Paul Gorman is…

Revenge of the suburbs: David Bowie fans shine in doc about the 1983 Milton Keynes Bowl gigs

Nov 1st, 2016
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//Members of the audience from Edinburgh who preferred Australian support act Icehouse to Bowie//

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Fittingly Britain’s most surprising rock star has found his way to Britain’s newest and most surprising city, where high tech meets ecologic, where concrete meets conservation, where the silicon chip meets the fibreglass rod…

Steve Taylor, South Of Watford, Summer 1983, London Weekend Television

While putting the finishing touches to my forthcoming book about The Face magazine, I followed a line of research which lead me to an excellent documentary about the late David Bowie which I hadn’t seen since it was screened in 1983.

Shown as part of London’s regional broadcaster LWT’s South Of Watford strand, the film focused on Bowie’s immersion in the mainstream with the Let’s Dance LP and companion Serious Moonlight tour (sponsored by Levi’s in a groundbreaking marketing deal, this inaugurated the era of corporate and branded live music events).

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The doc’s point of entry was Bowie’s weekend of sold-out gigs that summer at Milton Keynes Bowl, the open-air arena in Britain’s newest city north of London in the Buckinghamshire countryside.

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The Face, May 1992: Love Sees No Colour

Apr 29th, 2014
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//Cover: Boy George with Mica + Jade, styling David Mignon, photography Thomas Krygier//

From time to time I’m going to be turning over information and images here as I go through the process of writing my book Legacy: The story of The Face.

Today I spent an enjoyable and enlightening few hours interviewing former editor Richard Benson; during our conversation it became clear that one of the turning points in the history of this significant magazine occurred with the spring 1992 publication of the issue headed Love Sees No Colour.

This coincided with the High Court judgment against the magazine in the unfortunate libel case brought by actor/singer Jason Donovan on the grounds that he had been branded a liar and a hypocrite as a result of the inference that he was gay.

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//The Face May 1992, pp6-7: Nick Logan’s editorial on the right//

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//PP58-59: Left, montage by Keith Piper/Right, Kate Moss by Enrique Badalescu, styling Camille Nickerson + Lucy Ewing//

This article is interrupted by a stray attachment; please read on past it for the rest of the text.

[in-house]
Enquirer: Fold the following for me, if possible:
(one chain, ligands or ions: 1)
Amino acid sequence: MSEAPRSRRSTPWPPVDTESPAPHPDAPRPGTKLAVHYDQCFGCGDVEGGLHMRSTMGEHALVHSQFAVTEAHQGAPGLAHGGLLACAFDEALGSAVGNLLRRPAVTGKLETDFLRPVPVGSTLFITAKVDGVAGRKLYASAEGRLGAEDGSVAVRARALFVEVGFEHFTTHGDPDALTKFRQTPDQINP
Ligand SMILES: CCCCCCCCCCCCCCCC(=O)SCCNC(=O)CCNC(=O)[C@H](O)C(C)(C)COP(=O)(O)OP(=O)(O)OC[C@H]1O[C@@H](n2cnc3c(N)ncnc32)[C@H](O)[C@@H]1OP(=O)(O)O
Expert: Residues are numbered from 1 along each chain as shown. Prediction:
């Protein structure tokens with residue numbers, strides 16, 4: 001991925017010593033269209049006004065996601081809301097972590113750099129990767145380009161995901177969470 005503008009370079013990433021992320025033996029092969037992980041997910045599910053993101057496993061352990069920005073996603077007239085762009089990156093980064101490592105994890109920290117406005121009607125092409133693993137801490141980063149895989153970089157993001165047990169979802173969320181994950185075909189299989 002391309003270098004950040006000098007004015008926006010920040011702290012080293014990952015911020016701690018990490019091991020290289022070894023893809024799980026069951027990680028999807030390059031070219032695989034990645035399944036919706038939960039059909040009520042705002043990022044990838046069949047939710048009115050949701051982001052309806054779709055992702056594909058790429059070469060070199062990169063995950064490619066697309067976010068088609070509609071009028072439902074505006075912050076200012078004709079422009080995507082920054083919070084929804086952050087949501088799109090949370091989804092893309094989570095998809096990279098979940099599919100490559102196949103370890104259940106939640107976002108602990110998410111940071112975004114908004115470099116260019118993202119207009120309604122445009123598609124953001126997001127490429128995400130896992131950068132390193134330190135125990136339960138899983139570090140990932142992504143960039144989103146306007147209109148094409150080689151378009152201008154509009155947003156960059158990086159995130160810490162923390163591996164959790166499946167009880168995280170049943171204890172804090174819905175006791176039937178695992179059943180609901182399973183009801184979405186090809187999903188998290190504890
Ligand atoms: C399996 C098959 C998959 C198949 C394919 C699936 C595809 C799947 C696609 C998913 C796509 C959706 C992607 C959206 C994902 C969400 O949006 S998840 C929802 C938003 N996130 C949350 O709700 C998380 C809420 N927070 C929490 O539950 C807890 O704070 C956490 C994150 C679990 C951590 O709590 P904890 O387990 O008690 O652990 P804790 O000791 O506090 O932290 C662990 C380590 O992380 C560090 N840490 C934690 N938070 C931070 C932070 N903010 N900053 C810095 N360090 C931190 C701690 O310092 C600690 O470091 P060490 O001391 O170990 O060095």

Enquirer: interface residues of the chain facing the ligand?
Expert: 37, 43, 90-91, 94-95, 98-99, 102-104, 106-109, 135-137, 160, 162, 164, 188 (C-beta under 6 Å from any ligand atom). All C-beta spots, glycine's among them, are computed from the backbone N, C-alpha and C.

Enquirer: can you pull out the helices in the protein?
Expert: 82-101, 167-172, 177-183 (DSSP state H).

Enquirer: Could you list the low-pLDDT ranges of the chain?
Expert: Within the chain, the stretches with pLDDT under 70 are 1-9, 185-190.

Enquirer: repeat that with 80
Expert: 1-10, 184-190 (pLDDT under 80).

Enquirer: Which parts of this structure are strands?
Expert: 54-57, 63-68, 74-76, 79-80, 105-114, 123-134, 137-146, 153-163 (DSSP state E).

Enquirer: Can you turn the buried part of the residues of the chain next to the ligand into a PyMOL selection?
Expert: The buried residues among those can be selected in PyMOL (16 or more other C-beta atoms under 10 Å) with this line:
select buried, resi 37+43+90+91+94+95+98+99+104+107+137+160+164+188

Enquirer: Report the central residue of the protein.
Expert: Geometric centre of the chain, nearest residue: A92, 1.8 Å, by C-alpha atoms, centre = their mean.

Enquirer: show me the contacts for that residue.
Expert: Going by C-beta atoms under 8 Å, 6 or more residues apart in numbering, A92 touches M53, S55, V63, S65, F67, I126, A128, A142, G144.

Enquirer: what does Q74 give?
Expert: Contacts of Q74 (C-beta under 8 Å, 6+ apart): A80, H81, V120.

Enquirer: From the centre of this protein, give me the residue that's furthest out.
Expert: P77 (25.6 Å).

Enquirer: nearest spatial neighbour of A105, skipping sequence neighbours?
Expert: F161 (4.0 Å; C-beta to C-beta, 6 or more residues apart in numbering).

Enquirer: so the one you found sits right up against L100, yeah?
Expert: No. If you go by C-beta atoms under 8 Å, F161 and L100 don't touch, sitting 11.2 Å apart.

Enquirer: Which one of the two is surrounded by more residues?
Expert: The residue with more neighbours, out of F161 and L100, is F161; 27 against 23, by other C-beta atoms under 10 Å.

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//PP38-39: Seen, Gilbert & George, 1989//

The theme of tolerance had been hatched by Benson’s predecessor Sheryl Garratt long before the dispute reached, in publisher Nick Logan’s words, “its unhappy conclusion”.

In terms of the magazine’s narrative, the issue affirmed The Face’s position as the lightning rod of the progress of popular culture in the inclusive 90s.

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//PP76-77: Left, George O’Dowd in his Absolutely Queer T-shirt – “Homophobes are fine. I just don’t want them near my children.”/Right, Rebel MC in Michiko Koshino T-shirt, Ezra Oban + Dominique Kelly in Katharine Hamnett Protect + Survive vests. Photos: Kate Garner + Thomas Krygier//

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//PP82-83: Left (top), Apachi Indian in One World shirt by Paul Smith, (below) Banderas in Love Sees No Colour shirts by Joe Casely-Hayford,/Right, Des’Ree in No To Negrophobia T-shirt by Trevor Norris. Photos: Kate Garner + Thomas Krygier//

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//PP84-85: Left, (top left) Paul Reid in Face Love outfit by Dirk Bikkembergs, (top right) Charlotte Champion + Gabriella Stonebridge in Jean Colonna and Martin Margiela, (below) Colin “Sweet C” McMillan in Love Sees No Colour T-shirt by Gio Goi and Turn Your Nose Up At Racism by Bella Freud/Right, Michael Clark in Nazi Shithead outfit by Leigh Bowery. Photos: Kate Garner + Thomas Krygier//

Designed by Boris Bencic and Lee Swillingham, the issue tipped the hat to those figures who had played a part in the 80s story – Boy George, Paul Smith, Leigh Bowery – and also hit the mark with the generation setting the pace for the new decade, whether it be Joe Bloggs, Kate Moss or Martin Margiela.

Produced in an all-hands-to-the-pump atmosphere, with Logan and Garratt in daily court attendance and the all-too-real prospect of forced closure as a result of the huge legal bills resulting from the Donovan case, The Face May 1992 is a cracking issue, one which stands up as a consummate example of journalistic excellence achieved under duress.

Legacy: The story of The Face is published by Thames & Hudson in autumn 2017.

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